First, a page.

The current LP Pledge is required by section 5.1 of the bylaws:
Members of the Party shall be those persons who have certified in writing that they oppose the initiation of force to achieve political or social goals.
Some radicals in the LP try to use the Pledge to castigate members who disagree with anarcholibertarianism, but this distorts the original meaning of the Pledge. LP founder David Nolan says the Pledge was instituted to protect the party from possible accusations that the LP seeks violent overthrow of the U.S. government. When many (perhaps most) moderates took a pledge in joining the Libertarian Party, they were joining a party that they believe had competently named itself and thus had consciously decided not to call itself the Anarchist Party. As they signed up to be a party activist and support the party's political actions, it didn't seem very strange that the party might ask them to pledge tactical non-violence so as to give the party plausible deniability for anything destructive that the new members might try to do in its name. The oppressively legalistic atmosphere of the modern nanny state makes such silly CYA certifications all too common.
Many such moderates were aware of how anarchists use the phrase "initiation of force", but it was always in the context of absolute abstinence for any purpose. The LP Pledge qualifies the usual anarchist formula with the above vague language about "political or social goals". If the LP had intended an oath of absolute fealty to the Zero Aggression Principle, it would have used a normal and unqualified statement of it. One could reasonably conclude that these "political or social goals" must be a reference to the goals involved in the step they as Pledgers were taking: adopting the Party's goals as their own.
The 1972 Platform seemed to deliberately make room for minarchism that involves a non-zero amount of coercion. The Pledge was instituted while that minarchist 1972 Platform was in effect. Melinda Pillsbury-Foster reports that the Pledge was already in force when she joined in 1973, but it's not mentioned in the 1972 Bylaws. D. Frank Robinson (1972 Bylaws/Rules Chair) says "it was on the membership forms for as long as I can remember". He writes: "As you may gather from the history of the time, we assumed that we were under surveillance - remember Hoover had just died. We never promised to be pacifist. So I guess I agree with David Nolan [that the Pledge was a renunciation of revolution]."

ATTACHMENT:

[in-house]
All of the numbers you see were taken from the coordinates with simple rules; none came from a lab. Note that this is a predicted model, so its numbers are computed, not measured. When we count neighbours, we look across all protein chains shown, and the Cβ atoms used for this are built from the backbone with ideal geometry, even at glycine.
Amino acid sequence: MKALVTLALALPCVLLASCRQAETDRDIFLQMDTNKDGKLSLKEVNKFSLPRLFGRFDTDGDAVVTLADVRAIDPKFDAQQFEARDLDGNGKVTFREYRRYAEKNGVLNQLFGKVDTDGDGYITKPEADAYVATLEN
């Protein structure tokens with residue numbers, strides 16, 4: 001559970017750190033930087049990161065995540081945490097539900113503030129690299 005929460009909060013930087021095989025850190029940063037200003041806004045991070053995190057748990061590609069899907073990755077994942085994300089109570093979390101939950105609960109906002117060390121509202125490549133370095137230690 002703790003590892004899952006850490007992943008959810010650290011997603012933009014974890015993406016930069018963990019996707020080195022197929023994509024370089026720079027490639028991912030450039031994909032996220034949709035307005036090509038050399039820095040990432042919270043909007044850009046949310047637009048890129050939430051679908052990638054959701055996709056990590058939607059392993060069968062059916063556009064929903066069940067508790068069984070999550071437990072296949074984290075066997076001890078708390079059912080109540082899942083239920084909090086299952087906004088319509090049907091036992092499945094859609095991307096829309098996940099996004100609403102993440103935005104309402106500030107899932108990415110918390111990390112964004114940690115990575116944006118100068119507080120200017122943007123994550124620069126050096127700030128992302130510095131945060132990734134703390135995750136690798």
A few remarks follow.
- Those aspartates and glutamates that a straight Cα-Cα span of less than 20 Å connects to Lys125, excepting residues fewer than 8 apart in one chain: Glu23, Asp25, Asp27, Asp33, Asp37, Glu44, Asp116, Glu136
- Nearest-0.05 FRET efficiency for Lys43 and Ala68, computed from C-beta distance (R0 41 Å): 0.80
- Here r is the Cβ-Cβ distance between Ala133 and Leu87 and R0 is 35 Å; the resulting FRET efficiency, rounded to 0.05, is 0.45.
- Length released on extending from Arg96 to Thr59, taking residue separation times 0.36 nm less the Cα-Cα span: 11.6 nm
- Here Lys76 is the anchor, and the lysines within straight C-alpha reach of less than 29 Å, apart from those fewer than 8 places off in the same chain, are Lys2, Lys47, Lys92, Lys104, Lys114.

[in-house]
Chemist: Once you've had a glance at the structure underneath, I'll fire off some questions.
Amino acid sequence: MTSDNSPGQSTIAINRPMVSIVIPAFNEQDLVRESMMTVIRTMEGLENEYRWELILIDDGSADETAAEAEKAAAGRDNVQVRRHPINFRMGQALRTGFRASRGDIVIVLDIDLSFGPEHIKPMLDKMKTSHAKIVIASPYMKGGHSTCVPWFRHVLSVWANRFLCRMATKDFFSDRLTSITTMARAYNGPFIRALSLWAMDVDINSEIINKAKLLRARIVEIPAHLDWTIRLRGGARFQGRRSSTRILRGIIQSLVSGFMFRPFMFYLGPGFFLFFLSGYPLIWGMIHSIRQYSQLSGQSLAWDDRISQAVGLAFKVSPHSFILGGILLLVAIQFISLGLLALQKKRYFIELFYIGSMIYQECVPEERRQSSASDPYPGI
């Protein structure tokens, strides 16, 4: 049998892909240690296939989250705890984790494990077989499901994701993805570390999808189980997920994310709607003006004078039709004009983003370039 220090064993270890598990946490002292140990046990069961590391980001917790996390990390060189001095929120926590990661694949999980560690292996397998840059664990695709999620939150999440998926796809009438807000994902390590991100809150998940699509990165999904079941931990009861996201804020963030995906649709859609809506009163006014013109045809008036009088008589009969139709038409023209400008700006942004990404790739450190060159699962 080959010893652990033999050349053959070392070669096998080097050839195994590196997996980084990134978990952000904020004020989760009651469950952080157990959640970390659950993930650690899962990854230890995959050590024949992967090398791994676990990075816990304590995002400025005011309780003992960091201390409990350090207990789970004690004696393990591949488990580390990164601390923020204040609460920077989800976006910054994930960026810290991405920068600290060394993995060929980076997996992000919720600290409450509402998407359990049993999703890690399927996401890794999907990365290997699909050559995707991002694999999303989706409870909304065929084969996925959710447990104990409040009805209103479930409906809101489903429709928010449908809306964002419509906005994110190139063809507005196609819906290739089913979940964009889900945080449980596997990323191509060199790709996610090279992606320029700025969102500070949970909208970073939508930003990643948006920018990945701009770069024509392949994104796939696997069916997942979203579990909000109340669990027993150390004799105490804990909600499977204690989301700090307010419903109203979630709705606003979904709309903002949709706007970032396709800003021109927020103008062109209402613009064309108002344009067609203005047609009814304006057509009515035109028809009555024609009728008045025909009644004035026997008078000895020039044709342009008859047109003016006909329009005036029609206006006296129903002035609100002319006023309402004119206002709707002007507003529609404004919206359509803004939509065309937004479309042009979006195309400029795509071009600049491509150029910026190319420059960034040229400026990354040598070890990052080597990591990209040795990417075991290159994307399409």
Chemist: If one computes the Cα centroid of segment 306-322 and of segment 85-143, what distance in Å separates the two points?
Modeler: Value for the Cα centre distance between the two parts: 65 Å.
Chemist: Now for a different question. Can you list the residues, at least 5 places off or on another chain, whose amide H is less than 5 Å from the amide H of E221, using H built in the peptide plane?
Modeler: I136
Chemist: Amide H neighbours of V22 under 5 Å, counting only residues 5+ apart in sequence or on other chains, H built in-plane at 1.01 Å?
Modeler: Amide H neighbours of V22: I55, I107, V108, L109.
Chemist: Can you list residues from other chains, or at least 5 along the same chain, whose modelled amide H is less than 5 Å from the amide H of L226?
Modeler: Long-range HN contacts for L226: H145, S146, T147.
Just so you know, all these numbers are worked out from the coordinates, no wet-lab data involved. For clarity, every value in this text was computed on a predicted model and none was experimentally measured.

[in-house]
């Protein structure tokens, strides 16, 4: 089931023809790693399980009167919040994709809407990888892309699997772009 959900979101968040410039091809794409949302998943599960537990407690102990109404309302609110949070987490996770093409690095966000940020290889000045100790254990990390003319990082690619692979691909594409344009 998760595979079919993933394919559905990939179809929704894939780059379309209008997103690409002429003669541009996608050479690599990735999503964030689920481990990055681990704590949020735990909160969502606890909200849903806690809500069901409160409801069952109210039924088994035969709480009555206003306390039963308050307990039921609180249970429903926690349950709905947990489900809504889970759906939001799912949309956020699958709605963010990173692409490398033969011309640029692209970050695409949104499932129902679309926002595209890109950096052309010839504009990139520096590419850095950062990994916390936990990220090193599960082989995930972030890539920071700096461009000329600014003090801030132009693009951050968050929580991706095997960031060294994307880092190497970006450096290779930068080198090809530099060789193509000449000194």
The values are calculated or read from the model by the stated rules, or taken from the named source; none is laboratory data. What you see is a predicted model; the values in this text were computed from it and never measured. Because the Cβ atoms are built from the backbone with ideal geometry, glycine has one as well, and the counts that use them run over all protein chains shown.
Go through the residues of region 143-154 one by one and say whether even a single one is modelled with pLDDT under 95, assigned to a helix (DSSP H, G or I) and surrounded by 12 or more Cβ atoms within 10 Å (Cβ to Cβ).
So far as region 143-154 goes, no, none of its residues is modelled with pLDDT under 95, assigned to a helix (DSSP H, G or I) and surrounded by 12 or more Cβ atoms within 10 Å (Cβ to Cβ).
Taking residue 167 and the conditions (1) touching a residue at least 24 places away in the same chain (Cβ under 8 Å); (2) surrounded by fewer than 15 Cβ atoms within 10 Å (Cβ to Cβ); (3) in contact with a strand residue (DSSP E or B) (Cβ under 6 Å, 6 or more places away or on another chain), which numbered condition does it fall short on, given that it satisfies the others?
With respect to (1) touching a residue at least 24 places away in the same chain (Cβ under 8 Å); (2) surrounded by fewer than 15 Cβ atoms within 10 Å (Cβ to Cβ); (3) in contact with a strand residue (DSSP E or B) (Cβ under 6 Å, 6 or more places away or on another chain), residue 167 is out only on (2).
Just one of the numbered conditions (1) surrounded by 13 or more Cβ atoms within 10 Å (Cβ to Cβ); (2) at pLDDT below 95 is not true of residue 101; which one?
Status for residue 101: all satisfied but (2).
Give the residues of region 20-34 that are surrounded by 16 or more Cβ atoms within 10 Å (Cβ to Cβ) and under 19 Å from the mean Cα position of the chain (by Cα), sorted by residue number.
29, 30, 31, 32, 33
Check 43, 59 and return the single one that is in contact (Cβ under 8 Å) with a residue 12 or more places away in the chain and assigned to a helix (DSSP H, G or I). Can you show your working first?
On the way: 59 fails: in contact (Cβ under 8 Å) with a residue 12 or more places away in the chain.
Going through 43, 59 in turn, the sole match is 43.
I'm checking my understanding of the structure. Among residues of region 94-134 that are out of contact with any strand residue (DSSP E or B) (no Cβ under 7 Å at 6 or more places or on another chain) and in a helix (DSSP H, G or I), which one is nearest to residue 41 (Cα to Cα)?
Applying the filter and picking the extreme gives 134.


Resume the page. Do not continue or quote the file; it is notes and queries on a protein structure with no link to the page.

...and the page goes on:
Scott Bieser wrote on alt.politics.libertarian in 1994 that the Pledge was on LP membership forms in 1972, and relays the standard Nolan rationale. Dave Hollinden cites Nolan's rationale in a 1993 posting on the same forum. Robert Bickford mentions that rationale in a 1992 posting on alt.politics.elections.
The Pledge has a curious qualification regarding "political or social goals" that is not in the prior libertarian art for force-initiation language. Rothbard wrote about the Pledge in his "lost" 1977 paper Toward A Strategy For Libertarian Social Change (quoted by Ed Crane here): "anyone can become a party member simply by signing a vague (and non-enforceable) pledge, and once a member he cannot be expelled". The 1976 OKLP Bylaws adds "economic" to the current phrase "social and political goals". Thus the phrase we currently have was apparently not understood by Libertarians in the 1970s to be a clear, unambiguous, and airtight endorsement of an absolutist principle of political theory — or else why extend or clarify the scope of the Pledge?